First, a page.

The Polyphonic Spree: Trees 9th Anniversary

The Polyphonic Spree: Trees 9th Anniversary

Sealion, Cure for Paranoia

Sat, July 15, 2017

Doors: 7:00 pm / Show: 8:00 pm

$9

This event is all ages

The Polyphonic Spree
The Polyphonic Spree
When the Polyphonic Spree first appeared in 2000, the Dallas symphonic pop group was as much a band as a "happening," in the 1960s sense of the word. The Spree's two dozen members took the stage in flowing robes of snowy white, an appropriate backdrop for their happy and uplifting blend of pop, orchestral rock, and minimal touches of gospel. The costumes changed over the years, but the Polyphonic Spree's message remained consistent, drawing comparisons to the Flaming Lips and the Beach Boys with a smidgen of lively Godspell-like attitude thrown into the mix.

The Beginning Stages of the Polyphonic Spree The Polyphonic Spree were founded by vocalist Tim DeLaughter, who fronted the band Tripping Daisy until 1999, when a drug overdose killed his bandmate Wes Berggren. Tripping Daisy subsequently folded, and DeLaughter pulled together surviving members of the group for the Polyphonic Spree, a massive collective that admitted more than 20 new members into its fold. The group put together a demo entitled The Beginning Stages of the Polyphonic Spree and distributed it to fans during a holiday performance; a Dallas-based indie label, Good Records, later issued the release. Boasting a ten-member choir, two keyboardists, percussion, bass guitar, flute, trumpets, trombone, violin, French horn, theremin, pedal steel, and an electronic effects wizard, the band had little trouble carving out its own unique niche.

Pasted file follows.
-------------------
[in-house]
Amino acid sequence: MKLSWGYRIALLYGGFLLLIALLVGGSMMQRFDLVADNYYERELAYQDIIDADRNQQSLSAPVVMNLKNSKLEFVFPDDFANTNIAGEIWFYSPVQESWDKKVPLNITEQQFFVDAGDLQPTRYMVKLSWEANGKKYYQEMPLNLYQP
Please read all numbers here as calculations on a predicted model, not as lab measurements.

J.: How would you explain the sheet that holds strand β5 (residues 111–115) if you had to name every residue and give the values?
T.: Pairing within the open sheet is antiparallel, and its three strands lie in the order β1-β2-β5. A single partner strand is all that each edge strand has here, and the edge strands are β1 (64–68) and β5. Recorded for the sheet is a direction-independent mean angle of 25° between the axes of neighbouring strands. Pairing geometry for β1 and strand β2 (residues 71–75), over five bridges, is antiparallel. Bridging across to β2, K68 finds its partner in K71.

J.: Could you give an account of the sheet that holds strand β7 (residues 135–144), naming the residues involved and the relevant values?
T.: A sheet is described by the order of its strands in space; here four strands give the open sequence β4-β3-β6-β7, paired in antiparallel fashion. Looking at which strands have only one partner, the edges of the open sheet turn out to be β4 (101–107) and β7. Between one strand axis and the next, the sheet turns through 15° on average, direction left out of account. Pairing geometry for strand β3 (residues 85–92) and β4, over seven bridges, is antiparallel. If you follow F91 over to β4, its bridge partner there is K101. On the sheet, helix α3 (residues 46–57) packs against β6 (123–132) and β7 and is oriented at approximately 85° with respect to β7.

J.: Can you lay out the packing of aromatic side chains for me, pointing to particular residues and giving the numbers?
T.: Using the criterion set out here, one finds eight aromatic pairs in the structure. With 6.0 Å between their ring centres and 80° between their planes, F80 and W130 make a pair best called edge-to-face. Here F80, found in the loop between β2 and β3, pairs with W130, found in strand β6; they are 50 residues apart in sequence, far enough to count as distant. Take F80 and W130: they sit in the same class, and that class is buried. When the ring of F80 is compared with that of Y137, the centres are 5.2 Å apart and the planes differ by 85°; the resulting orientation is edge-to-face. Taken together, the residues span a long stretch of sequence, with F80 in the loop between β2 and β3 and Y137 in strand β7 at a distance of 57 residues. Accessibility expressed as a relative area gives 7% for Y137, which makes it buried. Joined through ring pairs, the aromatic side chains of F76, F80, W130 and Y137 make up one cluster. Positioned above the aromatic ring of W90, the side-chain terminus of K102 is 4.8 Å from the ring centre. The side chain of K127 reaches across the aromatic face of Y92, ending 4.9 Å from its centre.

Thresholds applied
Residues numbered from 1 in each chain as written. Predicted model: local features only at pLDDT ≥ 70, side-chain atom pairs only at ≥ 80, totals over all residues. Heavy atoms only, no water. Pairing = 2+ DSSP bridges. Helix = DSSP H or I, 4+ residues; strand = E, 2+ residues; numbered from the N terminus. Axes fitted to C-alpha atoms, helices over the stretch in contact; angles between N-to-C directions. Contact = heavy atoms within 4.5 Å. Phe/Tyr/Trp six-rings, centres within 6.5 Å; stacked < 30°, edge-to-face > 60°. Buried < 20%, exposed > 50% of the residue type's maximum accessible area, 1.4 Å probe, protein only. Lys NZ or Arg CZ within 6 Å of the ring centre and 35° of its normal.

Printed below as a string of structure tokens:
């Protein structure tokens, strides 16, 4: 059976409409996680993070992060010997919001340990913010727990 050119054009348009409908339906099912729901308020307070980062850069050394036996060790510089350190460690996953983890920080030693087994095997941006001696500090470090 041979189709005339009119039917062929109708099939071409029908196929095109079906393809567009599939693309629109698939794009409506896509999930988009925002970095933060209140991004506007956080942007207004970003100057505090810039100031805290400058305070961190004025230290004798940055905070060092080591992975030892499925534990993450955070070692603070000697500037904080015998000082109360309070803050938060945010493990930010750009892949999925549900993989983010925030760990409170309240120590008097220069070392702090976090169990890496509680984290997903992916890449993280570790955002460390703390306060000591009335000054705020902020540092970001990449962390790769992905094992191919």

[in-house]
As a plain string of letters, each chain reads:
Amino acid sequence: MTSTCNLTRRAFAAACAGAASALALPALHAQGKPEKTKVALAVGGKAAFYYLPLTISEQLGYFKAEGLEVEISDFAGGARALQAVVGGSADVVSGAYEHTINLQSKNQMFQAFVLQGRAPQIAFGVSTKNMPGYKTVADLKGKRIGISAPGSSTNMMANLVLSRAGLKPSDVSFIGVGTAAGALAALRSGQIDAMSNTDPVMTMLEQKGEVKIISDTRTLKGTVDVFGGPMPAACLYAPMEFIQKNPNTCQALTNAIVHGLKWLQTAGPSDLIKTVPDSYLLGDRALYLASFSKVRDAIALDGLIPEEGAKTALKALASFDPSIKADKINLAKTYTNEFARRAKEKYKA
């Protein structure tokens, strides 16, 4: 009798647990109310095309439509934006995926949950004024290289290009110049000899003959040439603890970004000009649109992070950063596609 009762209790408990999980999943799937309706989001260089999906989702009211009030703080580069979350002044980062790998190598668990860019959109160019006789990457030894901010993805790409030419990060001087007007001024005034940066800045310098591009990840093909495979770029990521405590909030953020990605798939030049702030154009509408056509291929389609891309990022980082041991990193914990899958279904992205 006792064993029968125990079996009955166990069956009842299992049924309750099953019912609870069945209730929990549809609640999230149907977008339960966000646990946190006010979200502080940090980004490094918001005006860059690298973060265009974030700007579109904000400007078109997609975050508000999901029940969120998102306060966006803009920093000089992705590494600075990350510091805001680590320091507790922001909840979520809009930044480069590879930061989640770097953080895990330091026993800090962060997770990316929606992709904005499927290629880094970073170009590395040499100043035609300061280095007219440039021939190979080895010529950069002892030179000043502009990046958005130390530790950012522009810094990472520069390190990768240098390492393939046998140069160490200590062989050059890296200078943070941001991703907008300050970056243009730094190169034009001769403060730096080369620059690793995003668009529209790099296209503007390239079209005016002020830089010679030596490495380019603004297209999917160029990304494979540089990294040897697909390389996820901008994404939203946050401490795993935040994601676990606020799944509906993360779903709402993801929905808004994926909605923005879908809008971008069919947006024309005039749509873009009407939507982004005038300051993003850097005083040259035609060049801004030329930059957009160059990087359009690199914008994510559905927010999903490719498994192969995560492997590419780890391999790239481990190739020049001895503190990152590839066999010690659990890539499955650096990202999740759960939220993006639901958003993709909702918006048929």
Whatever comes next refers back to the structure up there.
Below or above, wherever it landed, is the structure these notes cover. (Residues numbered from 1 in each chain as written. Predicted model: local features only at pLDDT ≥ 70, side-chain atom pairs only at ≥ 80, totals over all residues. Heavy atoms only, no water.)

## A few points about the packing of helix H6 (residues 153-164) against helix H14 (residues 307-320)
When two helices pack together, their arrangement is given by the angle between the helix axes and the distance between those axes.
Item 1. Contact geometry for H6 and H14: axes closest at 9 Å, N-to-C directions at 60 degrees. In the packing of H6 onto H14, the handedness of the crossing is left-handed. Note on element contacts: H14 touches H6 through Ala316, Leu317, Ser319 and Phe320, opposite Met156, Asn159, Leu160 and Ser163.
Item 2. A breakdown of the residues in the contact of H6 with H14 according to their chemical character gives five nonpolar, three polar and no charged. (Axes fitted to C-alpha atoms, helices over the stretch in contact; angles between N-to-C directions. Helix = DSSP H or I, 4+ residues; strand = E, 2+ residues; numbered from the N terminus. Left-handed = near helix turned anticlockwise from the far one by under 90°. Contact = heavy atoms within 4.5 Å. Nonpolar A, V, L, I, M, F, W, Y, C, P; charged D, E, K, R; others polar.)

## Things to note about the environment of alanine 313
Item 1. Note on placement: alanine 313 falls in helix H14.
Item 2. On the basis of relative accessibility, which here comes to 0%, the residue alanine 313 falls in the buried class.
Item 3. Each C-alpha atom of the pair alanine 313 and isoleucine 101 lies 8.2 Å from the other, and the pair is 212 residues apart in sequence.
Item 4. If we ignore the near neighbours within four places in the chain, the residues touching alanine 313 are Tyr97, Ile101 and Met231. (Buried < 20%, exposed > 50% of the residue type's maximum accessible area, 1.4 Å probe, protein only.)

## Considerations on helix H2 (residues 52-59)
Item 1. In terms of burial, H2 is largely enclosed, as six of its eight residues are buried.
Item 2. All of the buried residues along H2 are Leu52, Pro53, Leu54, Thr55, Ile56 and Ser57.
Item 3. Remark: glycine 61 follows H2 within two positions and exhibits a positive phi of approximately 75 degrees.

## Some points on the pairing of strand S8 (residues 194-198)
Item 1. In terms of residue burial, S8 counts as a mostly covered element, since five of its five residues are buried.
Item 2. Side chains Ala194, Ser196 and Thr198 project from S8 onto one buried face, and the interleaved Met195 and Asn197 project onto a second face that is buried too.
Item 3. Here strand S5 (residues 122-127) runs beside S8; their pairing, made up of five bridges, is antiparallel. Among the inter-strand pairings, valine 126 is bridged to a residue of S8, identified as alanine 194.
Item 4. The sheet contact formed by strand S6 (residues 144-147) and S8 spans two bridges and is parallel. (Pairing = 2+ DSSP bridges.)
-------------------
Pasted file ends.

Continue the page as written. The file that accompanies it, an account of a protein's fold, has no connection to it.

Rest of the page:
Eternal Sunshine of the Spotless MindDeLaughter emerged as the group's musical director and lead vocalist, and the Polyphonic Spree hit the road with more than a dozen full-sized vans. Despite the cumbersome nature of touring with an immense lineup, the band drew attention with its cathartic performances, including a gig during 2003's Reading Festival. The single "Follow the Day" was featured in Volkswagen commercials as well as the Eternal Sunshine of the Spotless Mind soundtrack, which helped the Polyphonic Spree earn even more exposure. The group's proper debut, Together We're Heavy, was co-released by Good Records and Hollywood Records during the summer of 2004, garnering the Spree additional accolades despite a vicious review by Entertainment Weekly.

Wait Released in 2007, the Wait EP found the band moving in a darker, slightly more atmospheric direction, and the band returned that summer with The Fragile Army, a reprise of the vibrant Technicolor sound of its earlier work. The band now sported black military outfits with red crosses stitched onto the front, signaling a newfound darkness that flecked The Fragile Army with brief flashes of melancholy and textured rock. As before, the Polyphonic Spree took their tent revival-esque show on the road, and the Live from Austin TX CD/DVD captured their strength as a live act later that year. In 2012, the psych-pop extravaganza decided to take on the challenge of holiday music, releasing Holidaydream: Sounds of the Holidays, Vol. 1, which found the band putting its own exuberant spin on some classic Christmas standards. Continuing to color the pop culture world with their brand of vibrant psychedelia, the band took on a cult classic and released the live album, Songs From the Rocky Horror Picture Show, in 2013, as well as the studio album, Yes, It's True.
Sealion
Sealion
Art punk from Dallas, TX.

If Jean Michel Basquiat beat the shit out of Norman Rockwell we would be the blood on his knuckles.
Cure for Paranoia
Cure for Paranoia